Thursday, February 02, 2006

You Might Actually Die

I am not sure why it is such a HUGE deal when someone is injured or, God forbid, dies doing something that's pretty risky in the first place. Of course it's truly a shame when someone loses his life in the process of doing his job. However, there are some jobs out there that are pretty damn risky.

When a reporter walks into a battle, there's a high probability he'll get blown up or something. When a miner lowers himself 2 miles deep into the earth, there's a pretty good chance of a cave-in. Construction workers on a tall building? - you might slip and fall. Fireman? - you might burn. Policeman? - you might get shot. Zookeeper? - you might get attacked. Sharpen kinves? - you might get cut. There are risks taken with these jobs. So why is it a big surprise if someone dies or is injured in the line of duty?

It's the postal workers who get shot at work that is unexpected and newsworthy; the baker who gets stabbed, the financial analyst who gets poisoned, the office workers who have a plane fly into their building. The death, or even injury, of these people while at work is news - hard news to concern yourself over. (But if a hooker gets beaten to death, most people think, "Well she was asking for it, putting herself in that situation.")

Unions and safety measures, no matter how strictly enforced, will never be able to remove all the risks of some of the most dangerous occupations. You can't have a battle without weapons. You can't study sharks without getting in the water with them. You can't have clean windows on the 35th floor without washing them. Truly, you (subjective) have no one to blame but yourself if something happens to you while you are doing something dangerous. You put yourself in an unsafe situation. Making a big deal about it won't make it any safer of a situation. Only so much can be done. The rest is a crap shoot.

5 comments:

  1. Every job possesses risks but risks are higher when safely measures are not in place. You as as worker would expect your bosses or company to have safety regulations for the safety of the workers. I am a nurse so I know I am at risk of needle sticks but we have many safety measures that minimize those risk such as safety needles that automatically pull the needle back or we have sharps containers that automatically close when it fills up. Even with the risks, I dont expect myself to get HIV from a needle stick just as the miners dont expect to die from a cave in.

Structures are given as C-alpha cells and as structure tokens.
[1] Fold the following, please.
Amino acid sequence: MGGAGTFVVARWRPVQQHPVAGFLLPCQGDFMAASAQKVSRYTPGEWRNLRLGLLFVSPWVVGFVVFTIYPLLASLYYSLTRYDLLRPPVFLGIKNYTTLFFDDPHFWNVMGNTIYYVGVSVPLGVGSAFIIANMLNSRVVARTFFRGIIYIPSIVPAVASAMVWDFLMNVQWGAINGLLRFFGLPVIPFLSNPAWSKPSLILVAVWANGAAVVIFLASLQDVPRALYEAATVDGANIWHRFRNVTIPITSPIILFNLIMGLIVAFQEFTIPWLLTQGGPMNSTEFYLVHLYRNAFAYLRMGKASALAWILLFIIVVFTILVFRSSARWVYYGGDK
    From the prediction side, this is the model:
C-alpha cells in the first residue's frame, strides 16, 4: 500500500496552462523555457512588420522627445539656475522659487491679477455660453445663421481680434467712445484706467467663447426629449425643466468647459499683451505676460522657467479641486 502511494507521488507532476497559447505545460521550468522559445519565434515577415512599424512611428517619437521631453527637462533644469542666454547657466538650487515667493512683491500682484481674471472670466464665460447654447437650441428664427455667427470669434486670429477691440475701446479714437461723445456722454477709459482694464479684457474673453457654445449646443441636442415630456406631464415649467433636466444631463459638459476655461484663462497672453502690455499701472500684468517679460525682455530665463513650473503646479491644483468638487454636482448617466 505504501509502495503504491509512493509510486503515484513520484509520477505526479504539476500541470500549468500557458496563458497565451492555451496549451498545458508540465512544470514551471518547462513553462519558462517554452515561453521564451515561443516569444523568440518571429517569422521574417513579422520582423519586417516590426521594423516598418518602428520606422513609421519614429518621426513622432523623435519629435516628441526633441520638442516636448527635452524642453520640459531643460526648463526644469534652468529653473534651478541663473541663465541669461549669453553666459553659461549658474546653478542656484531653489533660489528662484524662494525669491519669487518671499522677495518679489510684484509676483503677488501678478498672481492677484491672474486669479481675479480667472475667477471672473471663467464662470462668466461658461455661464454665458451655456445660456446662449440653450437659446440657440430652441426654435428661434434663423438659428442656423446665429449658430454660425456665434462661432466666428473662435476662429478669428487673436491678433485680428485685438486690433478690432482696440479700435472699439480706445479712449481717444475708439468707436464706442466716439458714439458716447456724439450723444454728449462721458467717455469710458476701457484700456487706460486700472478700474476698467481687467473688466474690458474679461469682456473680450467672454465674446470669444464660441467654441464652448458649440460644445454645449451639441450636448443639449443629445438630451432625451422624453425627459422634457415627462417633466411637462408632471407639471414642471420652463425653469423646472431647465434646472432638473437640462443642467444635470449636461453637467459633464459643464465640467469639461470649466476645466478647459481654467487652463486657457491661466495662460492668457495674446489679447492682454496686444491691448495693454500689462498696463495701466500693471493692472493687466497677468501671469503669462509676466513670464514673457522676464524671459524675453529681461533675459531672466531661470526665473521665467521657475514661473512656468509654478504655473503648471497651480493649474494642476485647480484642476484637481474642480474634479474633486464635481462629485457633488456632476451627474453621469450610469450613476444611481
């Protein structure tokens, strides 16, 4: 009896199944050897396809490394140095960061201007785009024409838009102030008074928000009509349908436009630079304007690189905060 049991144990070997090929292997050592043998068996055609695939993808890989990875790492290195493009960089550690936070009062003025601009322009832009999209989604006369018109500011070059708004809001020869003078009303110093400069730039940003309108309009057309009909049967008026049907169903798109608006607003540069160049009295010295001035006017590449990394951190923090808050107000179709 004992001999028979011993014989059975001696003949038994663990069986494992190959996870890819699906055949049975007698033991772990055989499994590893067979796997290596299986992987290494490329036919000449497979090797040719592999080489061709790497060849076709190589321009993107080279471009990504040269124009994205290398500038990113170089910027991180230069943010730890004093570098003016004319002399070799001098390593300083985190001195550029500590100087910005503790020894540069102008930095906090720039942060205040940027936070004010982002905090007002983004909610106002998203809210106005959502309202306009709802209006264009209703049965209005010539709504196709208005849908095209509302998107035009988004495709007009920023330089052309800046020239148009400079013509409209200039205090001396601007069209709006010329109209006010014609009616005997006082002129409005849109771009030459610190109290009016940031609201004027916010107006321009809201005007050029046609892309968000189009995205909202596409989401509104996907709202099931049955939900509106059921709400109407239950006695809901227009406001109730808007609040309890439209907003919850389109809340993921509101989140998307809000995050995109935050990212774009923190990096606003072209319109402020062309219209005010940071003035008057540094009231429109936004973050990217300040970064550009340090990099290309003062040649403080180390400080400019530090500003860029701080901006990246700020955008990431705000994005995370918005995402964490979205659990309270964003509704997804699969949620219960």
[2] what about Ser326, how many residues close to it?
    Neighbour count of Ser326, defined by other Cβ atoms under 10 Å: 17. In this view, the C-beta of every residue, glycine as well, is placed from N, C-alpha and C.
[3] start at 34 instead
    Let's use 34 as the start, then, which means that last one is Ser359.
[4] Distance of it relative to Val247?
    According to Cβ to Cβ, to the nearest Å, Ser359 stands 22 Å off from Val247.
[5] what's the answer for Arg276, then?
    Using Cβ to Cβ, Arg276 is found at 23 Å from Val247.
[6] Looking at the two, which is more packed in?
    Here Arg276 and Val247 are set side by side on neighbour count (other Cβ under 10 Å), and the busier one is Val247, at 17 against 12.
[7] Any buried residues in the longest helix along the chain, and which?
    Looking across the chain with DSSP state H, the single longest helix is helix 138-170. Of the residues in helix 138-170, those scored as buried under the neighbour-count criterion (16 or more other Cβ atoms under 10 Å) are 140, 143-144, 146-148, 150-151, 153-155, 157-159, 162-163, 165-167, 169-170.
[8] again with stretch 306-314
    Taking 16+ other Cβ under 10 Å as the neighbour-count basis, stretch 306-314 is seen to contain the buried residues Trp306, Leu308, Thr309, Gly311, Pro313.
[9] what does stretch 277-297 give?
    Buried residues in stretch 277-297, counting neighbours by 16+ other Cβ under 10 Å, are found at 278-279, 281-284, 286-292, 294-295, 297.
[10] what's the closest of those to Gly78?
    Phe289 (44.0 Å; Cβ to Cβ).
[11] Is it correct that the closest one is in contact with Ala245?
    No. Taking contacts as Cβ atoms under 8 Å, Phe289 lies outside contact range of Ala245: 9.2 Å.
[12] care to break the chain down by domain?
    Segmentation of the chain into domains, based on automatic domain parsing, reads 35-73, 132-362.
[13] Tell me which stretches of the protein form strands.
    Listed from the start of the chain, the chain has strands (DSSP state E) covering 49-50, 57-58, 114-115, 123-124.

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  2. There will always be risks that are beyond the control of supervisors capabilities. You, as a worker, need to assume some of the responsibility after that. Safety cables will break, caravans will get ambushed, trucks brakes will fail.

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  3. "There will always be risks that are beyond the control of supervisors capabilities. You, as a worker, need to assume some of the responsibility after that. Safety cables will break, caravans will get ambushed, trucks brakes will fail."

    ... companies will get sued... OSHA will be contacted...

    LOL

    You make an excellent point!

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  4. I think your post has some issues.

    First of all, Bush has been cutting money from mine safety, as mentioned in this article and this 60 minutes piece. So, it could be argued, quite easily, that a reduction in easy, acceptable, and expected safety measures caused the recent miner's deaths, not the inherent danger of mines. We shouldn't be using coal all together because mining it is unsafe, burning it is bad for the environment. But that's a bigger issue. At least provide the minimum safety measures to make it as safe as possible.

    Second, some people don't have an easy choice in employment. In these mining towns, sometimes that's the only employment that someone can get in order to put food on their table and support their families.

    Third, regardless of why someone dies, it's important to have compassion for these people. This miners that died have brothers, sisters, wives, husbands, sons, daughters, parents that are all mourning right now. Give them some respect, at the very least.

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  5. I agree with you 100%. But we as American's want everything handed to us. We are entitled to everything. Noone wants to see anyone hurt or killed at their place of employment, but there are risks in certain occupations.

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